I would be your president if FBI letter, leaks didn’t happen, says Hillary
Six months after her stunning defeat in the run for the White House, Hillary Clinton has returned to public life. This time, she said on Tuesday, as a “citizen activist” and “part of the resistance”, a loose coalition of those opposing President Donald Trump.
She kicked off her new career with pointed criticism of Trump’s Syria bombing—which she supported but thought was not backed with a strategy—offer to talk to the North Korean leader Kim Jong-Un, and a swipe at his tweeting.
The former secretary of state was uncharacteristically blunt and unscripted, specially in her assessment of her defeat, which she was reliving for a book — a “painful process … as you might guess” — she was writing about the campaign.
“If the election had been on October 27, I would be your president,” Clinton said in an interview-style public event in New York with CNN’s Christian Amanpour.
On October 28, FBI director James Comey sent congress a note, which promptly became public, that the agency was taking another look at the case about Clinton’s use of a private email server as secretary of state, which he had announced closed earlier.
“I was on the way to winning until the combination of Jim Comey’s letter on October 28 and Russian WikiLeaks raised doubts in the minds of people who were inclined to vote for me but got scared off,” she said, but not for the first time.
This time, however, she went further and suggested collusion between Trump’s campaign and the release of hacked communications of her campaign chair John Podesta and the Democratic party’s computer network by the Russians.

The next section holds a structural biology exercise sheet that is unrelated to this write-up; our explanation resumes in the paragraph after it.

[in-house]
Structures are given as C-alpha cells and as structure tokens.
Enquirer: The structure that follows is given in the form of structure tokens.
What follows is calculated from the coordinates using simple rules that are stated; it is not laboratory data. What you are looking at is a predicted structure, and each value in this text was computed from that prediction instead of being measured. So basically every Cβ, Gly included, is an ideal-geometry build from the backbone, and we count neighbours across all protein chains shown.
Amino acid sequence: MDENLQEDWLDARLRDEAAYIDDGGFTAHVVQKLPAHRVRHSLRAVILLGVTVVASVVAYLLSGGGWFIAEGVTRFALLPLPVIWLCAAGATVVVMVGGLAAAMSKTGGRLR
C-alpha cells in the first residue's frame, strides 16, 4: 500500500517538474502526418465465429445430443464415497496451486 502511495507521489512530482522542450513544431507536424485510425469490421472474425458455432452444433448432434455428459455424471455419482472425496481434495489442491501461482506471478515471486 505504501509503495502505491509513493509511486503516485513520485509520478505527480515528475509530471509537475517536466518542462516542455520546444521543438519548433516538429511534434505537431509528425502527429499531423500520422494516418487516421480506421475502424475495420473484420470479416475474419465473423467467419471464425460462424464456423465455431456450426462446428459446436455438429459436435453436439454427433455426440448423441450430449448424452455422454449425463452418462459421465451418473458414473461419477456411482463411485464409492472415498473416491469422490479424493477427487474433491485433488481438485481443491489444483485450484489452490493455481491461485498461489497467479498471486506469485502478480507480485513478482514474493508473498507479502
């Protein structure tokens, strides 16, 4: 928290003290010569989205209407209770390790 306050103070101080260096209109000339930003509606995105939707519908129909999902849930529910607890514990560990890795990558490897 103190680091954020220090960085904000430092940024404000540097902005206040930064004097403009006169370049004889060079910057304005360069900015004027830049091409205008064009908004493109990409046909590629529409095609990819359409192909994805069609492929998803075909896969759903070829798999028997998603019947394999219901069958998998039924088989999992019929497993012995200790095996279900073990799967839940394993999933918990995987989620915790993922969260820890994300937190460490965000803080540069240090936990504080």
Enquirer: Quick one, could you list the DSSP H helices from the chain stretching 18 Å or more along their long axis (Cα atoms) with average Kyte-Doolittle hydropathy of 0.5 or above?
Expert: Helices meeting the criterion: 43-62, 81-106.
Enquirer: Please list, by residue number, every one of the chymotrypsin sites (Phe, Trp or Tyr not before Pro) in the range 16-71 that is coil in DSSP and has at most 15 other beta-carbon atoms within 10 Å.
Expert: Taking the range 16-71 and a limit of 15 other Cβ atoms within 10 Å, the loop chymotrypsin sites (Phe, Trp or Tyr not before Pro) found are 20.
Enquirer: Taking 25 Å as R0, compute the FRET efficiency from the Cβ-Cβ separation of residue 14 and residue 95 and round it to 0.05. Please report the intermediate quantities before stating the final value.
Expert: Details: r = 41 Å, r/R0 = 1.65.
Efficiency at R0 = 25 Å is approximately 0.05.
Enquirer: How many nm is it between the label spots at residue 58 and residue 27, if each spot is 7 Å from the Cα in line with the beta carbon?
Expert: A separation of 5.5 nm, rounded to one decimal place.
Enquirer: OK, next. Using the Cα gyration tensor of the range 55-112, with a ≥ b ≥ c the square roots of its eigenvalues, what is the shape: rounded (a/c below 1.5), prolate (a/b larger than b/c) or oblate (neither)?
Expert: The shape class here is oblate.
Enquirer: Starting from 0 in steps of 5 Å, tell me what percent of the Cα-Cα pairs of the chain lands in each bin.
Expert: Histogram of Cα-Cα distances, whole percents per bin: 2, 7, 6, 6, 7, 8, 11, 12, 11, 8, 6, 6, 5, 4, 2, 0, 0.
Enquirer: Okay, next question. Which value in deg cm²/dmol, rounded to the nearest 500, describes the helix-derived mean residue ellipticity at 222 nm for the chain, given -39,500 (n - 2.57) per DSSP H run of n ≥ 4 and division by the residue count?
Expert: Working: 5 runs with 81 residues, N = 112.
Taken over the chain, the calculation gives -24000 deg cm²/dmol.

Just as outrage was building on the release of Hollywood Access tapes about Trump boasting about sexually assaulting women, came the WikiLeaks announcement — some “coincidence”, noted Clinton — of 50,000 hacked emails belonging to Podesta.
“If you chart my opponent and his campaign's statements, they quite coordinated with the goals that leader who shall remain nameless had,” Clinton said, referring to Russian president Vladimir Putin.
US intelligence has alleged that Russia meddled in the 2016 presidential election to ensure Clinton’s defeat and help Trump win the presidency which is currently the subject of multiple investigations by the FBI and Congress.
While Clinton reprised these well-reported charges, she seemed hesitant to acknowledge her own mistakes in her defeat, despite saying, “I take absolute personal responsibility. I was the candidate. I was the person who was on the ballot.”
But, as was widely noted and commented upon, she did not give details of her own role in her defeat — not her decision to ignore rural America, not campaigning in Wisconsin and Michigan states that tipped the scale in Trump’s direction.
Asked if misogyny played a role in her defeat as well, Clinton answered in the affirmative: “Yes, I do think it played a role … “(it) is very much a part of the landscape politically and socially and economically.”
Her coming book may tell more, possibly beyond the story of a “spirit-crushing” campaign riven by infighting and the candidate’s own “missteps” as told in a new book “Shattered: Inside Hillary Clinton’s doomed campaign”.